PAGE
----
On the flip side, managers who don't overschedule run the risk of needing to fill vacant shifts on the fly. This causes unnecessary stress for store managers who find it challenging to deal with associates working additional shifts beyond their scheduled hours–especially if they incur overtime. The impact of filling these shifts on short notice also means that one in four (26 percent) retailers are working with staff that have the wrong skills or a lack of skills at least half the time. Not to mention, tapping into overtime and increasing individual workloads can swiftly impact morale of current employees–in fact, they've been found to be two of the three largest contributors to burnout.

Smart solutions for smarter workforce management

It remains challenging to identify the root causes of unplanned absence, and the study suggests retailers may not be doing all they can to address the issue. Findings reveal that only about half (55 percent) of retailers worldwide have technology in place to help manage unplanned absence compared to three-quarters of retailers using automated technologies to track time and attendance (76 percent) and manage planned absence (73 percent). And although more than half (59 percent) of retailers worldwide believe scheduling technology has a positive impact on staff productivity, more than a quarter (28 percent) are still using either spreadsheets or pen and paper to manage staff schedules.

Most retailers are embracing at least some workforce technology–yet increased adoption, particularly of solutions that specifically manage unplanned absence, would enable more managers to identify and analyze stable schedules that promote strong teams, assign shifts based on associates' preferred availability, and automate shift-swapping approvals to ensure real-time coverage for vacant shifts.

But there's good news for retailers hungry for new technologies that can help solve their staffing issues. Not only do these solutions already exist, but they're getting smarter. Recent innovations have delivered workforce management technology that can meet the expectations of workers who otherwise run their lives on their smartphones.  Retailers can provide their associates with friendly self service solutions that support their needs for flexibility by empowering them to use those smartphones to request time-off, swap a shift, or request a schedule change.  Employees who can collaborate with their managers to select shifts that fit their needs are less likely to call out at the last minute.   At the same time, those solutions can also capture the attendance patterns and labor insights managers need to effectively schedule their teams and drive sales.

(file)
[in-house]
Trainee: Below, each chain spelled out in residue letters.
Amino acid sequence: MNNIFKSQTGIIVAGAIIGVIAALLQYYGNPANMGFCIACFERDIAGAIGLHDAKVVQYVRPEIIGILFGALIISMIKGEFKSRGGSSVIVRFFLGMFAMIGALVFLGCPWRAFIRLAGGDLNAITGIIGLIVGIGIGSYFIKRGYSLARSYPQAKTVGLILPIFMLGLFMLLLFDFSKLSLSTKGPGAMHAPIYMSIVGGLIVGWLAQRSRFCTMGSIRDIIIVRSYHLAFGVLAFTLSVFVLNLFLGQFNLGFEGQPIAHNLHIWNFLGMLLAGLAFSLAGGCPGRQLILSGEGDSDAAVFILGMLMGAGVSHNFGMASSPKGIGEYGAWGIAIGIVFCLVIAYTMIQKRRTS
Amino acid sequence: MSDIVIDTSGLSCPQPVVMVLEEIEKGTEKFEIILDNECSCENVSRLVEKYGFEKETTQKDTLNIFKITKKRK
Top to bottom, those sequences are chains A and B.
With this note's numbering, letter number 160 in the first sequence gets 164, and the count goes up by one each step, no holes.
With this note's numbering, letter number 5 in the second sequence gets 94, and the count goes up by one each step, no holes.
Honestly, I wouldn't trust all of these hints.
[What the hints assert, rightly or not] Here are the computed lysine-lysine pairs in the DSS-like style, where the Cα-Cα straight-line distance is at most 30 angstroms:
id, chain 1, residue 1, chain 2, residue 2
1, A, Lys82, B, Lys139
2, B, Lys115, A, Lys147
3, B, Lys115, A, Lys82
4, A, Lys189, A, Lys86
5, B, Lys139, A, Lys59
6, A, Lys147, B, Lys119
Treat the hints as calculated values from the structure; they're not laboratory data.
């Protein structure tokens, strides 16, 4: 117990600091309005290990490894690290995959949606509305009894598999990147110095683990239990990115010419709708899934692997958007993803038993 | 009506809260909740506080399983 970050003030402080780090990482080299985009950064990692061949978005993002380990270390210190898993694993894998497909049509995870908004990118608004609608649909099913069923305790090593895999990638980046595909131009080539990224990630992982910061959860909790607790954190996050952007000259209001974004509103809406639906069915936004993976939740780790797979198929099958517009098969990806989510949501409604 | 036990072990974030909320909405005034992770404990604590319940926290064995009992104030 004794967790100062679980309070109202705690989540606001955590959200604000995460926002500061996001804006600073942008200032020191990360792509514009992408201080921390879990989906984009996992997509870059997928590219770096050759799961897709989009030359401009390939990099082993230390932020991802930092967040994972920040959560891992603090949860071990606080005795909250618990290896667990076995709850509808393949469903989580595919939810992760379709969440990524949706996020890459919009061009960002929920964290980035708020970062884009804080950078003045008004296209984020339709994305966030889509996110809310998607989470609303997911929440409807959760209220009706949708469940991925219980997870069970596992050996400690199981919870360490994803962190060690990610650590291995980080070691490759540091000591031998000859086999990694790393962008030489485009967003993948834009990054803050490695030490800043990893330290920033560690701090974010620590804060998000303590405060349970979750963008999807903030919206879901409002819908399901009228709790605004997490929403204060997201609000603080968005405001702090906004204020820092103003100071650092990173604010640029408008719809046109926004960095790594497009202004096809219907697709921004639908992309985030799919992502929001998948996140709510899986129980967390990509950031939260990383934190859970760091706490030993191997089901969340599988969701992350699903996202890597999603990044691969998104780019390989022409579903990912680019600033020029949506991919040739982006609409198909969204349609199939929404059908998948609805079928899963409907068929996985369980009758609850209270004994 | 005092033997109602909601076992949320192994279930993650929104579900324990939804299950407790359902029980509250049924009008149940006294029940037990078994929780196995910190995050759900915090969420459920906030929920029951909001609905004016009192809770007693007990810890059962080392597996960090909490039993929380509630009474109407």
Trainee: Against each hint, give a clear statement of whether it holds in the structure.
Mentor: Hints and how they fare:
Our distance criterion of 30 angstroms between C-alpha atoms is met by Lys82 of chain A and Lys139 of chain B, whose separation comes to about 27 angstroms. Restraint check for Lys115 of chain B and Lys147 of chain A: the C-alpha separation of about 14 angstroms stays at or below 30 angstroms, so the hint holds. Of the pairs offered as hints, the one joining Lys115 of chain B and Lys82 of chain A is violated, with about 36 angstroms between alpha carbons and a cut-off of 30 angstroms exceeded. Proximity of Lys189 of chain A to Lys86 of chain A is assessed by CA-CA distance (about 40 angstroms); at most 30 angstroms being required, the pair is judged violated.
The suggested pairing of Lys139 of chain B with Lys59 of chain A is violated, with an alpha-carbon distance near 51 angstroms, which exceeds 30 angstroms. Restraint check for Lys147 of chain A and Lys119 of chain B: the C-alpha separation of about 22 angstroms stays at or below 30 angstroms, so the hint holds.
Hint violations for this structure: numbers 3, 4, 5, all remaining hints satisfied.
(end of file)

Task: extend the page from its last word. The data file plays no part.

Boosting both employee engagement and the bottom line

Solving the unplanned absence equation can significantly reduce operating costs.  According to the U.S. Department of Labor, labor costs on average represent as much as one-fifth of retailers' total revenue. According to retail managers in our survey, a new absence and shift-swapping solution has the potential to reduce overall labor costs by nearly 3 percent.  In addition, our retailers worldwide are optimistic that an effective absence management solution could reduce unapproved absence rates by 18 percent on average.